It is generally assumed that artists who attract huge audiences wherever they perform have reached a very high level in their careers.  It is also a reasonable assumption that their popularity is either assisted by, or totally resultant from, successful records. However, there are others whose reputations have to be built up on their own ability.  Their music is perhaps an acquired taste and they are slow to come into their own, but the end product is much more rewarding and considerably more lasting.  Into this happy category fall three young Irish musicians called, quite appropriately, TASTE, consisting of Rory Gallagher, John Wilson and Richie McCracken.  The success achieved by TASTE over the past fifteen months is such that they have emerged from total obscurity to being the answer to a promoter’s prayer, inducing House Full signs and breaking records everywhere they go.

A group called TASTE has actually existed in this country since May 1968 made up of three musicians who included Rory Gallagher.  The accepted line up only came into being three months later, in August, when John Wilson and Richie McCracken joined Rory in Falkirk.  Fortunately the three were not unknown to each other and the change in personnel was so swift as to cause no break in the group’s continuity.  The immediate effect was a shift in the group’s style, which had become annoyingly stereotyped.  The actual basis of the music did not immediately change but an air of imagination became quickly apparent.  Since then, each of the three has acted more and more as a catalyst to the others.  Rory’s scope for improvisation has increased through the knowledge that the other two will immediately comprehend the variations and act accordingly.  The growing success of TASTE has encouraged Richie and John to become more adventurous and they have assumed identities and responsibilities that few musicians have the opportunity to pursue.

Rory Gallagher, 21, is from Cork.  The founder of the group, he has experienced the £10 a night days of hand to mouth existence.  His position as guitarist and vocalist tend to make him a focal point of the group and he has filled the position to such effect that he is rated one of the best guitarists in the country.  It will be interesting to see the poll awards next year as musicians often benefit from being members of major groups.  Success has professionally hardened Mr. Gallagher.  His undoubted musical ability has now been fortified by an iron will and professional approach to detail in such things as record production and mechanics.  One feels though, that Messrs. Wilson and McCracken exert considerable silent influence on the decisions of TASTE.

John Wilson, drummer from Belfast, spent some time playing in bands in Ireland before coming to England.  Joining TASTE has given him freedom from the restrictions imposed by the kind of music played in Ireland, except for a period with another Irish musician who has since established a reputation in the United States, namely Van Morrison.  John’s new found liberty is apparent in the way he performs, which can best be termed “controlled abandon”.  He tends to say very little in contrived interviews but blossoms forth when relaxed and talks with remarkable lucidity and no little knowledge about music in general.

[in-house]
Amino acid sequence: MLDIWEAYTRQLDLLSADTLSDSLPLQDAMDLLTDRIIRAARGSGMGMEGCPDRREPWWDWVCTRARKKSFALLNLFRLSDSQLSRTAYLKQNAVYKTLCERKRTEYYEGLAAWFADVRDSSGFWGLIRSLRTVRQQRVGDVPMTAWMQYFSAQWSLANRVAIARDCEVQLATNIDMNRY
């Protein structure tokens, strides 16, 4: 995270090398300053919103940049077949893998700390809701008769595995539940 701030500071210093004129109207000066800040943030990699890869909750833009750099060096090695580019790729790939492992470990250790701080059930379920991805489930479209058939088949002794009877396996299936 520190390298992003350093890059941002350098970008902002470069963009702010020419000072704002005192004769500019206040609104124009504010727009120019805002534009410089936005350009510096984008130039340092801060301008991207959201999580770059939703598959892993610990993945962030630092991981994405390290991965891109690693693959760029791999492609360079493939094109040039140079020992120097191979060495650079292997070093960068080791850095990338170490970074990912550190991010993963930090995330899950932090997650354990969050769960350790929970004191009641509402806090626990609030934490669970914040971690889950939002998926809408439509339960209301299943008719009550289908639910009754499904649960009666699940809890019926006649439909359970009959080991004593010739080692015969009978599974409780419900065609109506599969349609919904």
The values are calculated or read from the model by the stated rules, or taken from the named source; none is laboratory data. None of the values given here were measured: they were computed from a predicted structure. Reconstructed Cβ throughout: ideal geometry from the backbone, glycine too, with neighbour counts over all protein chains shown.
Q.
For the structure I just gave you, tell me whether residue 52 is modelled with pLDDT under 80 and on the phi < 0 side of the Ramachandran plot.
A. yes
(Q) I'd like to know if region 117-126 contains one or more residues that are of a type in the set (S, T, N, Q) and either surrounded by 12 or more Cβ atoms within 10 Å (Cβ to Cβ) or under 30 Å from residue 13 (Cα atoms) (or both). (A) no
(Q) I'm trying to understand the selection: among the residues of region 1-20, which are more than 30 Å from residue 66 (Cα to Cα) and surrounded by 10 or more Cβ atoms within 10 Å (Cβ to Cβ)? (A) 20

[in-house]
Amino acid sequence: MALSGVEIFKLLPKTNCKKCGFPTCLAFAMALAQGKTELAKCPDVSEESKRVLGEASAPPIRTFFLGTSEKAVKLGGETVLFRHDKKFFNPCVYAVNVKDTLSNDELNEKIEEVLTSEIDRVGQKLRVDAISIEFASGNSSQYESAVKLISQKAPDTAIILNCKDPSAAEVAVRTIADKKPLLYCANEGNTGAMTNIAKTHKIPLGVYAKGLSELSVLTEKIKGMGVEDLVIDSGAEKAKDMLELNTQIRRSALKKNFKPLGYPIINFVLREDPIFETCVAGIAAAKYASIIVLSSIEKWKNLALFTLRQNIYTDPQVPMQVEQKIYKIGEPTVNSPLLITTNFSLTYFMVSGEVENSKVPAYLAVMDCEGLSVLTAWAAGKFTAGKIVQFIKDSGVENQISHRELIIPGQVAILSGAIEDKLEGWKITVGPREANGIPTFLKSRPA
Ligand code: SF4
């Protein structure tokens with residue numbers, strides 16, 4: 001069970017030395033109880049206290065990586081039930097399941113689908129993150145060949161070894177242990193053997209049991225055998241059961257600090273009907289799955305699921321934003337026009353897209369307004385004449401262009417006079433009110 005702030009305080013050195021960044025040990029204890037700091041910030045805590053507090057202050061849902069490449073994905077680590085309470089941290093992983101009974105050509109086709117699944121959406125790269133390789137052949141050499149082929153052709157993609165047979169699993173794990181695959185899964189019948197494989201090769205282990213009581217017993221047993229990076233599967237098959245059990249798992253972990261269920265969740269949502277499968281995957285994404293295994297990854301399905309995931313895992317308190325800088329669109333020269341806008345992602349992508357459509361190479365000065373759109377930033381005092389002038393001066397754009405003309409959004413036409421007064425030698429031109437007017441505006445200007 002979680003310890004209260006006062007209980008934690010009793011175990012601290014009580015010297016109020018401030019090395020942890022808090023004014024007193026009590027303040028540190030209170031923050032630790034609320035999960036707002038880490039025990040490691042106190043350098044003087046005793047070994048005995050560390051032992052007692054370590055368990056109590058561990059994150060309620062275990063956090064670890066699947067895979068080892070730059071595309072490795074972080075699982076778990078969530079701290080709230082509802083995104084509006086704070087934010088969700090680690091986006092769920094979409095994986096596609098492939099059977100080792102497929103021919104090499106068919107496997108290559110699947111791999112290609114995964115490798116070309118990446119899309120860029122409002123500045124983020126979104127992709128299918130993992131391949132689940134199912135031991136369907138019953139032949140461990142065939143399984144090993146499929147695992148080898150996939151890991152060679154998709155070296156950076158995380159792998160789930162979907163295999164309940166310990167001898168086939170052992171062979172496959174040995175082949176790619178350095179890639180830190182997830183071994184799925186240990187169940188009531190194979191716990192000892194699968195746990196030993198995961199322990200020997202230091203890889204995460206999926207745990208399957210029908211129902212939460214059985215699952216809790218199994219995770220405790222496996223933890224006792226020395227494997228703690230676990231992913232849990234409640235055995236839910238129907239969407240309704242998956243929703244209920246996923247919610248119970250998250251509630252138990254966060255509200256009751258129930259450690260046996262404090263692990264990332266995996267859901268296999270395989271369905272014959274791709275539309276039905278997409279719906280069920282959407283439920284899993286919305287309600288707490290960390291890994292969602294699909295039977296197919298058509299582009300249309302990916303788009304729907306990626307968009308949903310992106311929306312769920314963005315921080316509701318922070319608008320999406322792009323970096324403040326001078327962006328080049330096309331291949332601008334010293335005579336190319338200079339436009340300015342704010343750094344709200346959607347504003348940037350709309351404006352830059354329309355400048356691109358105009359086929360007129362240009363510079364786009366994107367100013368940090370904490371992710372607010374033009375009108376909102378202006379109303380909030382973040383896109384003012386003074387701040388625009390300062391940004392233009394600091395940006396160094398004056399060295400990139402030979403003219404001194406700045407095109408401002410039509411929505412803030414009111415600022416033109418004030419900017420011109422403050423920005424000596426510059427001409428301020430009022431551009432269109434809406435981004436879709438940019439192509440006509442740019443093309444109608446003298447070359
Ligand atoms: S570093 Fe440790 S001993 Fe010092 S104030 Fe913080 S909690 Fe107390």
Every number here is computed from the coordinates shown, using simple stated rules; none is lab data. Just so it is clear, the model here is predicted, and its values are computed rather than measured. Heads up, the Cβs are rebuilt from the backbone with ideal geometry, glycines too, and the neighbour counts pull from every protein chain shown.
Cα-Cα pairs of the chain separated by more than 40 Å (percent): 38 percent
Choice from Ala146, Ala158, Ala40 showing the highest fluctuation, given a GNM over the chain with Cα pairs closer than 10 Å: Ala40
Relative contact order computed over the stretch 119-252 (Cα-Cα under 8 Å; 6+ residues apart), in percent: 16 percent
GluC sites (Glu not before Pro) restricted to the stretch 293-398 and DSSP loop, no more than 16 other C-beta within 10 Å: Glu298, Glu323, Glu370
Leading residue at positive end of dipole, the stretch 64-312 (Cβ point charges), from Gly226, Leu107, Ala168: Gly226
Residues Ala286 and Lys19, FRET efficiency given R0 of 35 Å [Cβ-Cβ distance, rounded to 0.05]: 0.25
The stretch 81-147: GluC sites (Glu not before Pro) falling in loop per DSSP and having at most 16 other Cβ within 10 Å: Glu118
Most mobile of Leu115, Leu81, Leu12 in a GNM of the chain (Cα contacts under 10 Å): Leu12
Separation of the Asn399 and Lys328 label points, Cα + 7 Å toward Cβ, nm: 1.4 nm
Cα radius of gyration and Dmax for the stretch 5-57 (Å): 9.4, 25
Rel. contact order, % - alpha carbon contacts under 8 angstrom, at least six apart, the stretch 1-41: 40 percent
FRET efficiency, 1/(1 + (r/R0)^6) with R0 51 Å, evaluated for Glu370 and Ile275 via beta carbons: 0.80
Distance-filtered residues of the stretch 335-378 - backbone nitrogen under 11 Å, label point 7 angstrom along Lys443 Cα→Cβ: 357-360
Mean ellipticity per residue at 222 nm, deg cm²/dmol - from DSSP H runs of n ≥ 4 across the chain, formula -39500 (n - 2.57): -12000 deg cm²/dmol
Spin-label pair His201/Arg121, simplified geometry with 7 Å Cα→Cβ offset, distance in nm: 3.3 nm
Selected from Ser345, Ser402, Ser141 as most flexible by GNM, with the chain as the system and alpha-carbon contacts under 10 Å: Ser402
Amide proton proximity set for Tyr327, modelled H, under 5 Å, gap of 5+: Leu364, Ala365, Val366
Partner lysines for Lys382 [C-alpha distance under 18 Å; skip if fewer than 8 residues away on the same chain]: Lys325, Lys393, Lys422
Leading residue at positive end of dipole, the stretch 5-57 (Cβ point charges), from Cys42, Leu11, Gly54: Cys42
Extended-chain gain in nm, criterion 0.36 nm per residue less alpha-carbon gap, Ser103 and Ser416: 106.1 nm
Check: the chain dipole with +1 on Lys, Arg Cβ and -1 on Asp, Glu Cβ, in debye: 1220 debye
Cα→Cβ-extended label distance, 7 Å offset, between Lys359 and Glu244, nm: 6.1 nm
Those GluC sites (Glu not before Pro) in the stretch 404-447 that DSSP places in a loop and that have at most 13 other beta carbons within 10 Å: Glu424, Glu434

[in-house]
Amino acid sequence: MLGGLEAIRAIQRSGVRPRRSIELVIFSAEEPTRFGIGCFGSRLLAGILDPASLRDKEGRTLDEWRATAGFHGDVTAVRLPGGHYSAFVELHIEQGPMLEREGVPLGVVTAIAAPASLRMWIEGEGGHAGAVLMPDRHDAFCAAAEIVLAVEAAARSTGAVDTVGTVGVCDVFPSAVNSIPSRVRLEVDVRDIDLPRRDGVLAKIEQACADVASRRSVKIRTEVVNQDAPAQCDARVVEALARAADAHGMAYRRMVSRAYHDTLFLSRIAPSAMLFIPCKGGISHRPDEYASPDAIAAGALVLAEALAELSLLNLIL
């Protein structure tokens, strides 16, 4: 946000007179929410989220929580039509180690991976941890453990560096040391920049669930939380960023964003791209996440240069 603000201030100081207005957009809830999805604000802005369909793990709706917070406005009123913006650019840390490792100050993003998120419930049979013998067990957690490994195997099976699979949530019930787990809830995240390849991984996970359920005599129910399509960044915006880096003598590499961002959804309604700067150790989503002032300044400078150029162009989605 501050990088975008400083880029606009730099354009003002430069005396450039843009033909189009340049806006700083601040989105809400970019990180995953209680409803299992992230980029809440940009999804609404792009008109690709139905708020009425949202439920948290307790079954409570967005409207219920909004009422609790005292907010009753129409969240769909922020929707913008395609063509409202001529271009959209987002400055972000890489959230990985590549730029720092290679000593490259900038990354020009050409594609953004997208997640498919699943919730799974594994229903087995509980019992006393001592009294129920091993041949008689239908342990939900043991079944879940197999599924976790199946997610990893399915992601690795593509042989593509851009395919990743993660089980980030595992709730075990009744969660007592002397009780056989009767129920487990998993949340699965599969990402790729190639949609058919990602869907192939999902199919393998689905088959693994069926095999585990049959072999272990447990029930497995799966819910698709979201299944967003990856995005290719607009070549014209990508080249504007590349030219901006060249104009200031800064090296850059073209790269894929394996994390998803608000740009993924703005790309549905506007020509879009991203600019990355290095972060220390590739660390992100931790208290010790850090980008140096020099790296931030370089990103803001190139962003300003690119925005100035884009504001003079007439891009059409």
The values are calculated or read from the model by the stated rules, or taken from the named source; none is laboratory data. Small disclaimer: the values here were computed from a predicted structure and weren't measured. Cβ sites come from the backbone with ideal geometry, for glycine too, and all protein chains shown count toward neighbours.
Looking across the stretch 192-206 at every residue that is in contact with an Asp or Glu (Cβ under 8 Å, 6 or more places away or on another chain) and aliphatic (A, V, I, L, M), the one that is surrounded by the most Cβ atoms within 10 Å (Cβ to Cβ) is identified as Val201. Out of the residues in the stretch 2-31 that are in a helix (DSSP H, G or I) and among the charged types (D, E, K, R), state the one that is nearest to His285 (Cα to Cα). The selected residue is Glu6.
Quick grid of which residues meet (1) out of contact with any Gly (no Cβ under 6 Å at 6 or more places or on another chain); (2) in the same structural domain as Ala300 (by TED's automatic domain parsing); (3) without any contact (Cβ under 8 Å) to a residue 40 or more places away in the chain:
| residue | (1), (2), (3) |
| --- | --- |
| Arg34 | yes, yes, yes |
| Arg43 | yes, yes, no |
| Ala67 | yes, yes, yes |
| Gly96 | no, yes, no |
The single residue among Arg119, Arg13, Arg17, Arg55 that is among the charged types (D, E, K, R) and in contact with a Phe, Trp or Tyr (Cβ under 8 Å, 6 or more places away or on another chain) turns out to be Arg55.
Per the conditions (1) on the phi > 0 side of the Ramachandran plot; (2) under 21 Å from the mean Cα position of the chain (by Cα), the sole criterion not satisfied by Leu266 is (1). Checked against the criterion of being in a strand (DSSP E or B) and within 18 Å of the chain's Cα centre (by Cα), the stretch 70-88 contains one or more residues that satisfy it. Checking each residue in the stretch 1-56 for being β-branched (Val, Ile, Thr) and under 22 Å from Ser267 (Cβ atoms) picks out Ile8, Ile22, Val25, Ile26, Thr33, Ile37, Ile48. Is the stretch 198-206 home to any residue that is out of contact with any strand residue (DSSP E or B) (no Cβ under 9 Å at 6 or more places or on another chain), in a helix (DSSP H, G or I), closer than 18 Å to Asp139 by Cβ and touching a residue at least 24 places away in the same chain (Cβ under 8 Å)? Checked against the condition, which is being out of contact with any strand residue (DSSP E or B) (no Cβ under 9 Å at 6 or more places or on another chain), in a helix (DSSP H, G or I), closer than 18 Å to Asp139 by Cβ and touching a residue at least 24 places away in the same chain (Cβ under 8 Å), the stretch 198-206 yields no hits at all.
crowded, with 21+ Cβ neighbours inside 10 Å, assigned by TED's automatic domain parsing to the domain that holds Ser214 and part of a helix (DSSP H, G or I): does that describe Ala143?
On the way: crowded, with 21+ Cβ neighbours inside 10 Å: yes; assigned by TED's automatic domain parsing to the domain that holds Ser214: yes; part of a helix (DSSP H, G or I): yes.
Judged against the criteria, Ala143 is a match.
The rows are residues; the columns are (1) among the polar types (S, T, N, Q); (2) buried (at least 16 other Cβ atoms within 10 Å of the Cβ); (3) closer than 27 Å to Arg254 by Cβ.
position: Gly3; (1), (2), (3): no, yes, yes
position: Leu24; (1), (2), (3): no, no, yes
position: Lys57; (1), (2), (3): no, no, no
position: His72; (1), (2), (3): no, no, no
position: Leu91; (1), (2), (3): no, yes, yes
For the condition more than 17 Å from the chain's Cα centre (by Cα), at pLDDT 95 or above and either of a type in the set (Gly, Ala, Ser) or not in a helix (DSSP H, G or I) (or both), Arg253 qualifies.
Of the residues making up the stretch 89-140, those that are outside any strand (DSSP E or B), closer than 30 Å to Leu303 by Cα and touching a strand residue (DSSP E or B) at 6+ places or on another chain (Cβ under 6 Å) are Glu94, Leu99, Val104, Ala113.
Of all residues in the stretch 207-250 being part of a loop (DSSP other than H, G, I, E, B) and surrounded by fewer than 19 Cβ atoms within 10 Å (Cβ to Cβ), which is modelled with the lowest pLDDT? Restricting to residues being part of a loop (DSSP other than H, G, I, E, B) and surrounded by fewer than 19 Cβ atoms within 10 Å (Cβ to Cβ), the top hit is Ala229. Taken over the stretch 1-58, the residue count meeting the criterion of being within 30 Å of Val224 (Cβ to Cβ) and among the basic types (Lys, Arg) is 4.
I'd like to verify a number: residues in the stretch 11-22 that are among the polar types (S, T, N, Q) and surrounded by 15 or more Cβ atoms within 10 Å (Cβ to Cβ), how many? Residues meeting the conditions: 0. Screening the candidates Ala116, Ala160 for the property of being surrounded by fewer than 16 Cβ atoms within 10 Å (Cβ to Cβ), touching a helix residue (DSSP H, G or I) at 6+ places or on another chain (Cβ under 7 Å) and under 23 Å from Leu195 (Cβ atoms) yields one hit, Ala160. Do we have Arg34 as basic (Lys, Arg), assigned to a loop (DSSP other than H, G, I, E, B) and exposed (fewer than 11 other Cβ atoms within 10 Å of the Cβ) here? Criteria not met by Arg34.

Richard McCracken from Omagh is very tall and very quiet.  His role as bass player in TASTE is, like the others, of vast importance, and especially so as he has to follow the tempo change precisely.  A form of telepathy hasTaste_coverb.jpg sprung up within the group because of the apparent spontaneity on Rory’s part and it is particularly noticeable with Richie who follows not only the rhythmic pattern, but also the melodic lines.  Again, some people could be surprised when Richie walks off with a major award in the polls next year.

TASTE have played all over Europe since their first visit to Denmark in November 1968 and have packed concerts and clubs from Copenhagen to Cologne.  In July 1969, they went to the United States with Blind Faith which gave them the opportunity to play to vast audiences.  Unlike some, they did not change their act at all, and the reaction was tremendous in places as far apart musically as Los Angeles and Baltimore.  After a five week tour, the group returned to England where they continued to attract more and more people.  Many promoters are now in that happy situation where an appearance by the TASTE guarantees House Full signs and vast queues outside.  Their first album, “Taste”, which was released in March 1969, entered the album charts both here and, during the group’s tour, the United States. TASTE’s new album “On The Boards”, was released in January 1970.

This writeup and the photos come from the Taste 'On The Boards' songbook
THANKS to Brenda O'Brien for sharing and typing the writeup
reformatted by roryfan

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added 8/26/07